For some reason, I was never able to properly appreciate this poem for what it is; it never clicked with me on a personal level as much as I know it does with others. Re-reading it this time around gave me a better appreciation of it though.
What the poem describes is basically a scenery of a woman riding on a horse and slowly being transformed
Even though there is something about the language, maybe it’s more the structure, that just puts me off, I really appreciated the imagery used in the poem, especially lines like: “the substanceless blue”
“Something else hauls me through air”
“White Godiva, I unpeel” (which by the way, Lady Godiva’s story is just a treat of its own) “Into the red Eye, the cauldron of morning”
What I really appreciate about this poem is once more that it is more than it appears at first.
The title of this poem is hitting at many different things, and even after many reads, I was only aware of one. Ariel being another name for Jerusalem. But it is also a character appearing in Shakespeare’s The Tempest, as well as the name of Sylvia’s own horse. My heart is just so happy about references in poetry!
Funny enough, after having discussed The Thought Fox, ironically by Ted Hughes, this poem to me was always about the experience as a writer. That’s why I wanted to love it so much and was gutted when I felt so distant. It was always about the effects of creativity to me.
Now having read a little bit more about Sylvia’s life after, with this read, I saw Sylvia right in front of me. There are so many parallels looking at this ecstatic. Similar to the Thought-Fox, it’s the process from darkness into being able to put words on a paper, in Sylvia’s case even more passionately, though no less destructive.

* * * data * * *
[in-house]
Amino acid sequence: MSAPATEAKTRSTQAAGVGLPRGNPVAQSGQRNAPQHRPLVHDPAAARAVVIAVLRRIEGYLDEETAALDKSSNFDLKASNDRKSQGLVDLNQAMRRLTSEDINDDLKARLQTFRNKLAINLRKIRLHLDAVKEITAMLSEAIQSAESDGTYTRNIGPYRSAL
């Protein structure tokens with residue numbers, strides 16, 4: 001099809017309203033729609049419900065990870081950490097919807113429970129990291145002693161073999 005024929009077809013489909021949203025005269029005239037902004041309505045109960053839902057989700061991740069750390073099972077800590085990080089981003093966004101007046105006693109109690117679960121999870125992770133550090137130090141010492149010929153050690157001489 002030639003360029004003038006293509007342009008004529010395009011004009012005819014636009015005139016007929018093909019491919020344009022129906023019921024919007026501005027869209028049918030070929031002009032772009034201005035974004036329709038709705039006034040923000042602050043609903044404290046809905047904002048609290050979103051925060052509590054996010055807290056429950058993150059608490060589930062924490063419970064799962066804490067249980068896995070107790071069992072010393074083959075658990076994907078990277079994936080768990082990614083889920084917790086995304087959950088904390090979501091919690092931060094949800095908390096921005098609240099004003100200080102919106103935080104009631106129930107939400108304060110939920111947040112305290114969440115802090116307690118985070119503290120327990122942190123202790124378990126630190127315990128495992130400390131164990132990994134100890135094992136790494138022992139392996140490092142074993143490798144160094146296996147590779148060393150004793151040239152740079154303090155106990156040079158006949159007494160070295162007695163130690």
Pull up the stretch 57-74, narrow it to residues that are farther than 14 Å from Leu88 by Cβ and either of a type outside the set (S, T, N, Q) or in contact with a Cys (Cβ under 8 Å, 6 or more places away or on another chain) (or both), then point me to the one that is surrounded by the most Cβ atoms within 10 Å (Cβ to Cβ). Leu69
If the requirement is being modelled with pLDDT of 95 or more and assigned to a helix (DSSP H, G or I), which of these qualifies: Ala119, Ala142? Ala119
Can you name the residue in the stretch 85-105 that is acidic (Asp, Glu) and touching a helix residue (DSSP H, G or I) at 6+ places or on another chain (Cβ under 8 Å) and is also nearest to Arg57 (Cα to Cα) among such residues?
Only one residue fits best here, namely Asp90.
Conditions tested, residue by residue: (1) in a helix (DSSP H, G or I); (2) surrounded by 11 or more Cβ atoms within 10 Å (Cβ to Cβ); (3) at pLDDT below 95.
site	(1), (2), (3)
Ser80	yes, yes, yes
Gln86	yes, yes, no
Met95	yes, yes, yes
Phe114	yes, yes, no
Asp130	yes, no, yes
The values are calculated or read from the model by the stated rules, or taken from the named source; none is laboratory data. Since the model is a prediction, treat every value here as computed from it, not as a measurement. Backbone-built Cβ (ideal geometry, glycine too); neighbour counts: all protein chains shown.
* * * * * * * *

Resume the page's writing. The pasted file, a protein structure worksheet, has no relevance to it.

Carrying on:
It seems that for Plath writing poetry was almost a religious experience, which is clearly reflected in this poem, not just with the hint towards Jerusalem with the title but also “God’s lioness”
I need to talk about the Lady Godiva reference, because I just love her story.
Lady Godiva was pretty pissed at her husband for his outrages taxes and how the people suffered from that. He then said it would lower the taxes if you would ride naked on a horse, expecting her not to have the courage to do it. And now imagine what she did and who had to lower the taxes?
Now therefor this is totally heavy on female empowerment. But I think it’s also important to raise the question: Does Plath view poetry writing as an act for the greater good?